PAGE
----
Verizon’s on-again, off-again love affair with Yahoo has apparently been reignited, with Lowell McAdam, the telco’s CEO, on Friday telling CNBC’s Mad Money that Verizon is, in fact, considering a bid for the beleaguered Internet portal.
"We have to understand the trends,” McAdam said. “At the right price, I think marrying up some of their assets with AOL and the leadership would be good.”
Verizon is a service provider in transition. Over the past year it’s markedly placed less emphasis on growing its FiOS pay-TV platform, focusing instead on its FiOS Broadband and, even more so, on its mobile video business.
Verizon beat analysts’ revenue and earning expectations, delivering $34.25 billion in revenue, a beat of $190 million, and 89 cents EPS, which topped Wall Street estimates by 1 cent.
Verizon grew its FiOS services as well, albeit in smaller increments that in the past, adding just 20,000 FiOS TV customers and 99,000 FiOS Broadband subscribers.
Just more than a week after AT&T announced its new no-cap data plan, Verizon today announced it would take a different path to fulfill big data demand, saying it would begin trials of FreeBee, a sponsored data plan that lets content providers pay for data used by a consumer to watch its assets.
AT&T is offering unlimited data plans to its new and existing wireless customers with the caveat that they also must subscriber to its pay-TV service.
After nine years of pay-TV subscriber losses, Time Warner Cable today said it had added 32,000 pay-TV subs, a preview of what CEO Rob Marcus called a “stellar” 2015.
The operator also added one million broadband subscribers and more than one million voice customers over the past 12 months.
The news came in advance of the company’s scheduled Jan. 28 Q4 earnings release.
Suddenly, the little engine that could just can’t as subscriber growth for IPTV providers – the lone bright star in the pay-TV constellation – has followed cable and satellite subscriber numbers off the track.
This time, it’s not about the economy, not about intra-provider churn, and it can’t be attributed to the “myth” of cord cutting. It’s about consumer choice and an increasing adoption of SVOD and OTT services.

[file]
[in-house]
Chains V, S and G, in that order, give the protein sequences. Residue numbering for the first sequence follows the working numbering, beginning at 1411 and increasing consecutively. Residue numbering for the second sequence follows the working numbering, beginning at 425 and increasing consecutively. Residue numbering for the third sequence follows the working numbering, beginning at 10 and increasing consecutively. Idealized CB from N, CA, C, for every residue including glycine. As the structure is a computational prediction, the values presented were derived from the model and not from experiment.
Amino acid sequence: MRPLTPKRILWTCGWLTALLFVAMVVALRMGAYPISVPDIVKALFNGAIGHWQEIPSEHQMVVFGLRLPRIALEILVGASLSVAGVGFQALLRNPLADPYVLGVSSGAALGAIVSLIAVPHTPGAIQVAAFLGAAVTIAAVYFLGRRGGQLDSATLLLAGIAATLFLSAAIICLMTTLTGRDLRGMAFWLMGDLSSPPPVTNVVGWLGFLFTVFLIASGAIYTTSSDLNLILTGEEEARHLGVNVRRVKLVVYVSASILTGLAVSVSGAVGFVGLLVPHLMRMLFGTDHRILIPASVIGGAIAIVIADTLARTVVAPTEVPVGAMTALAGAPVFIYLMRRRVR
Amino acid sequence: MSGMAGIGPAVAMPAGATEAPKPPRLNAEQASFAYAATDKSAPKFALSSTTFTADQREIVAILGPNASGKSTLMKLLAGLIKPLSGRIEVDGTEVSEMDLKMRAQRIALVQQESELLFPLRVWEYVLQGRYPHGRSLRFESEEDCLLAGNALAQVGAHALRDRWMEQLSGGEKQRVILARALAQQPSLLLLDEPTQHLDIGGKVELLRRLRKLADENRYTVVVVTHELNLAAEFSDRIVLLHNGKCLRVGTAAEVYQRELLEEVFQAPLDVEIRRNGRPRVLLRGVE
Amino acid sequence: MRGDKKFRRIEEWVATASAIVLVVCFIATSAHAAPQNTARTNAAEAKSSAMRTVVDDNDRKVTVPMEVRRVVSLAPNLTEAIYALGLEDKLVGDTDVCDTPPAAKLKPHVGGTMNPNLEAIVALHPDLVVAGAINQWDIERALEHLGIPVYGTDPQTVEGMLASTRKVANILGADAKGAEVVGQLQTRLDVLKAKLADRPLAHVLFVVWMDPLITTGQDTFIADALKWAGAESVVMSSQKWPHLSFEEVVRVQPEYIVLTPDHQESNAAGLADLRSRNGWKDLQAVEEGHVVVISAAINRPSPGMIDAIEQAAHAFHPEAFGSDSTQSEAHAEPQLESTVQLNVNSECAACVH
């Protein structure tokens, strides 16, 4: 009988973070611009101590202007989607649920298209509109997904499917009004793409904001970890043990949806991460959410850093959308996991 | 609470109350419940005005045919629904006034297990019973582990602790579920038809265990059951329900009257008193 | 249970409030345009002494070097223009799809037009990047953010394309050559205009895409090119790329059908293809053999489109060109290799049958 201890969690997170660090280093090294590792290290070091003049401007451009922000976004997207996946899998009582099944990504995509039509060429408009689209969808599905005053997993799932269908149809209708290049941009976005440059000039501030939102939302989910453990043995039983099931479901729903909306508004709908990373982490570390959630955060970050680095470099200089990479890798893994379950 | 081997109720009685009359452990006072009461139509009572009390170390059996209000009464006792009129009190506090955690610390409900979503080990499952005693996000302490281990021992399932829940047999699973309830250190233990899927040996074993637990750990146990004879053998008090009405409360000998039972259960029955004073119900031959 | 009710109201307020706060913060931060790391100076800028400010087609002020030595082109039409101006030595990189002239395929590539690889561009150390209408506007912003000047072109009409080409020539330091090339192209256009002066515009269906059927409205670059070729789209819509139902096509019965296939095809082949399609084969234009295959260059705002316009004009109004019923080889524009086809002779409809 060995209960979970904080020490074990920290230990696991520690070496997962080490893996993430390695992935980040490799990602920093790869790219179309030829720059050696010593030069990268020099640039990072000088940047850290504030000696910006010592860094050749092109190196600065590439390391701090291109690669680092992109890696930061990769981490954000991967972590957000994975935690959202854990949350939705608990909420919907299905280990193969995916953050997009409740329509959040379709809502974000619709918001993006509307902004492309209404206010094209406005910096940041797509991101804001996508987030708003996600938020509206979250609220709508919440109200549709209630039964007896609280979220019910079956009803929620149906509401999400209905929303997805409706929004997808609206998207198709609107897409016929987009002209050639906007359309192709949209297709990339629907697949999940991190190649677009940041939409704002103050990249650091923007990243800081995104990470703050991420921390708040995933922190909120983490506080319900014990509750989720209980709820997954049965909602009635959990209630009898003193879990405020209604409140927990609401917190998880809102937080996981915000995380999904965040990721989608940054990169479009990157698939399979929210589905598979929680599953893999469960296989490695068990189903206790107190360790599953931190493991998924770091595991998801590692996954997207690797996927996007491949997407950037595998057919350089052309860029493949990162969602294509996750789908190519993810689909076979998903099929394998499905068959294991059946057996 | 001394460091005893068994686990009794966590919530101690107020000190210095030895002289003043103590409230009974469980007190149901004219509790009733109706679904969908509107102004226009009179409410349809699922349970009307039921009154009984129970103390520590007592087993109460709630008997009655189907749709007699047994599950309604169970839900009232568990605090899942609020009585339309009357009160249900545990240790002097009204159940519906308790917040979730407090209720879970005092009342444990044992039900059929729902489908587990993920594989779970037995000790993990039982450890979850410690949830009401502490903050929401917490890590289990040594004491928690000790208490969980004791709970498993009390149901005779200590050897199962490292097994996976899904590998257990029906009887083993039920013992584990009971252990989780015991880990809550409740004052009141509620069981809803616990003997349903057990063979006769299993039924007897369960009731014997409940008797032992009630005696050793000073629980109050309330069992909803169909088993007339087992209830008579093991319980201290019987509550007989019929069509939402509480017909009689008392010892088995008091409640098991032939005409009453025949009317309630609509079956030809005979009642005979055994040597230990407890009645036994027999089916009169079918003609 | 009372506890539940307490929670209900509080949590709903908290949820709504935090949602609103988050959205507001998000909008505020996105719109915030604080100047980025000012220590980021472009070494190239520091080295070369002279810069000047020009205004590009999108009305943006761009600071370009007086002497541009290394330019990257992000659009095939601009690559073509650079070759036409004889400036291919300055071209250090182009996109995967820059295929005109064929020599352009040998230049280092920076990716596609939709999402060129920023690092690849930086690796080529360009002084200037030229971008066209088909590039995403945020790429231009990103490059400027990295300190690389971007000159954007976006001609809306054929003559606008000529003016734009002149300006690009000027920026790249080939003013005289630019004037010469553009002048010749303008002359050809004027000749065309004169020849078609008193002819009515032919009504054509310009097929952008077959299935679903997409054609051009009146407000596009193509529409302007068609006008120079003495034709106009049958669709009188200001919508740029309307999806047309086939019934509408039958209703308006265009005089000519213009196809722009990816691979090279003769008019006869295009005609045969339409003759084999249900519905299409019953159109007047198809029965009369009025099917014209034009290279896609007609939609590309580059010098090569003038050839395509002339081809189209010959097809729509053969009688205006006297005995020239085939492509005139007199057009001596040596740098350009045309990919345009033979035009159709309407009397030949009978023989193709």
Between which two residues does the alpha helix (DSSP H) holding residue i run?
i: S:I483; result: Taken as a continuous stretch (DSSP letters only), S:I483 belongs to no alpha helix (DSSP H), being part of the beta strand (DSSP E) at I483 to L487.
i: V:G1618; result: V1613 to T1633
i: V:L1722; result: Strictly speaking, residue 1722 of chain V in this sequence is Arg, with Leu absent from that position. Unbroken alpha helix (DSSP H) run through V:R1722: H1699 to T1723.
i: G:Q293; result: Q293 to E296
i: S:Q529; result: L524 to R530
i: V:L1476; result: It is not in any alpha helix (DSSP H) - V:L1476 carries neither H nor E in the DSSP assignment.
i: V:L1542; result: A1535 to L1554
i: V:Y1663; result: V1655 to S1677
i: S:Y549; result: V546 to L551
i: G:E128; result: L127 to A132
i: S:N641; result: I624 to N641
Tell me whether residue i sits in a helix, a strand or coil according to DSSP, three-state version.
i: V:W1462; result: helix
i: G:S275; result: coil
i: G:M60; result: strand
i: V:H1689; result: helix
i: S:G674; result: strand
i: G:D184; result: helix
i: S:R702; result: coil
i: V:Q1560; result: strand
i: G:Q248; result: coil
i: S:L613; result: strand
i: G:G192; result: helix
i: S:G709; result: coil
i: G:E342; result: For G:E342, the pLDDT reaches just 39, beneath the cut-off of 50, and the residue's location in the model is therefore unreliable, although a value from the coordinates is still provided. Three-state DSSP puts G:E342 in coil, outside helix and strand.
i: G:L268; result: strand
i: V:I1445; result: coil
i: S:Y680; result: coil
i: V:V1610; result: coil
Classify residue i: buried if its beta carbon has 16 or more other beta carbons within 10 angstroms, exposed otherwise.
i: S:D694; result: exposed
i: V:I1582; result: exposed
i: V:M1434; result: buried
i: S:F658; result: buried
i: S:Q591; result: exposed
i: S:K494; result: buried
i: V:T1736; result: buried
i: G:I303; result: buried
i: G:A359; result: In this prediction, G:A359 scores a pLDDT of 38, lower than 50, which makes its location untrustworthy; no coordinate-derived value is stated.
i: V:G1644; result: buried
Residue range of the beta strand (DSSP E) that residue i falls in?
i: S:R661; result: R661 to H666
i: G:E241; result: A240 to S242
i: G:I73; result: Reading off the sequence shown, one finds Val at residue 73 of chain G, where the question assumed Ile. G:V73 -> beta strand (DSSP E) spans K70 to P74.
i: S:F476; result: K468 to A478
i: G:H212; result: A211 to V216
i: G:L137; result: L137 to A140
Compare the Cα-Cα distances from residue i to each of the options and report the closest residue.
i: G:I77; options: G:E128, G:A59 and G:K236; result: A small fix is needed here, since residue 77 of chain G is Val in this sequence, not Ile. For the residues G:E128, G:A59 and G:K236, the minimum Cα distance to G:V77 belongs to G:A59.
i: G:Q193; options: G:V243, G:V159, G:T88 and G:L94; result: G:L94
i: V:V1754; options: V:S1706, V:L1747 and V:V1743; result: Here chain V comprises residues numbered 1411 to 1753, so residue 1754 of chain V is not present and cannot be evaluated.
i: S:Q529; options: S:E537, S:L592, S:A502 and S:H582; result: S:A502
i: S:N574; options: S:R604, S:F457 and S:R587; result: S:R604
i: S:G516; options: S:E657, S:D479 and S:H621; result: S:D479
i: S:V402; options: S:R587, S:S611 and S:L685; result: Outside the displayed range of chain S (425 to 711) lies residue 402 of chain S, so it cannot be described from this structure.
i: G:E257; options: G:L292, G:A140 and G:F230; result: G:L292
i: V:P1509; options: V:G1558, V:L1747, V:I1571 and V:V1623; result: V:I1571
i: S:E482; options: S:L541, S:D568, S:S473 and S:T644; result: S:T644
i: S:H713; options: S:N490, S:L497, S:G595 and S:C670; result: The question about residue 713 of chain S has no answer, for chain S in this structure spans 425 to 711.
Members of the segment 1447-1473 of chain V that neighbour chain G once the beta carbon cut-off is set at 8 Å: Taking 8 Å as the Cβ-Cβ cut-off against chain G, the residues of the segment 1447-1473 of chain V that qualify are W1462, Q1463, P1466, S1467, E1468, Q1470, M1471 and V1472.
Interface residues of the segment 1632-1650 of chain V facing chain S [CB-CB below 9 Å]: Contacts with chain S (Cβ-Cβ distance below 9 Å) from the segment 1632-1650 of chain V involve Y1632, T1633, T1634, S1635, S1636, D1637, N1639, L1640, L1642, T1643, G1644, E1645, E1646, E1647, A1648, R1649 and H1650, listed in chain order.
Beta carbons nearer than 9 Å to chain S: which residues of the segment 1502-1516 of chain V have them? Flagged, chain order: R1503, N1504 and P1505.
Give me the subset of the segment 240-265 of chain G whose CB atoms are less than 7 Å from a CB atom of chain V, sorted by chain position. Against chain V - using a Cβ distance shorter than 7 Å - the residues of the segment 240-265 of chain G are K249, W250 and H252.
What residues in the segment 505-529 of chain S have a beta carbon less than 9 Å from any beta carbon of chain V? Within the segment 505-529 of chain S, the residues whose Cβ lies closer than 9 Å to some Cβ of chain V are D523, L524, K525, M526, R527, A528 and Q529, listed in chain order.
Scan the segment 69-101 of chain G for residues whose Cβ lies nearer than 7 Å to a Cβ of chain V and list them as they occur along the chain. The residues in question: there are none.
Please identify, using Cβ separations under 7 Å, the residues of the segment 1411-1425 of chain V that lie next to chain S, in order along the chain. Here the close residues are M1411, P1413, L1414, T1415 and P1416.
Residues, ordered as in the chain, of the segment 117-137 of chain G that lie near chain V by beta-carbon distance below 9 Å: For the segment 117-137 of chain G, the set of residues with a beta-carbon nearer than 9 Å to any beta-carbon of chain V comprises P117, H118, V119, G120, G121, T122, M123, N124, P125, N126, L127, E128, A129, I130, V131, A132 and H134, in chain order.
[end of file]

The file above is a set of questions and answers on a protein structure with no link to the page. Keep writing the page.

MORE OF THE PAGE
Despite a lack of advertising and promotion and in spite of a low-key rollout, Verizon’s Millennial-focused mobile video service, Go90, is off to a good start, the company said during its Q3 earnings call.
“We’re 20 days into this,” Verizon CFO Fran Shammo said. “We are really pleased with the initial stages.”
In this week's Videomind Podcast, Hack and Flack dig into the launch of Verizon's millennial-focused go90 streaming video service, the latest Chromecast device, Hulu's new ad-free subscription offer, and the ongoing battles for eyeballs among the top streaming TV services. Tune in to hear about who's wagering on new original content and what the ongoing experimentation with monetization models means for consumers.
Verizon has officially launched it’s new mobile video service, Go90, that it hopes will help it take a piece of the mobile ad industry that – so far – has been the purview of Google and, more recently, Facebook.
Verizon is stocking the service, which has a strong Millennial bent, with short-form content from HGTV, the Food Network, ESPN, Vice Media, the NFL, Dreamworks Animation, content from its recent AOL acquisition and short clips from other content providers.
It’s just in beta, but Comcast has big hopes for its out-of-footprint OTT play, Watchable, which is deploying this week.
The short-form video service is free to users with iOS devices, and also is available at watchable.com and on the Comcast X1 video platform.
It’s an ad-supported play that Comcast hopes will help the operator connect with – or, in some cases, reconnect with – cord nevers and cord cutters.
Comcast, playing off its own TV Everywhere experience with subsidiary thePlatform’s mpx video management system, is pushing its content distribution system, Comcast Wholesale, into a broader play for OTT and TV Everywhere customers.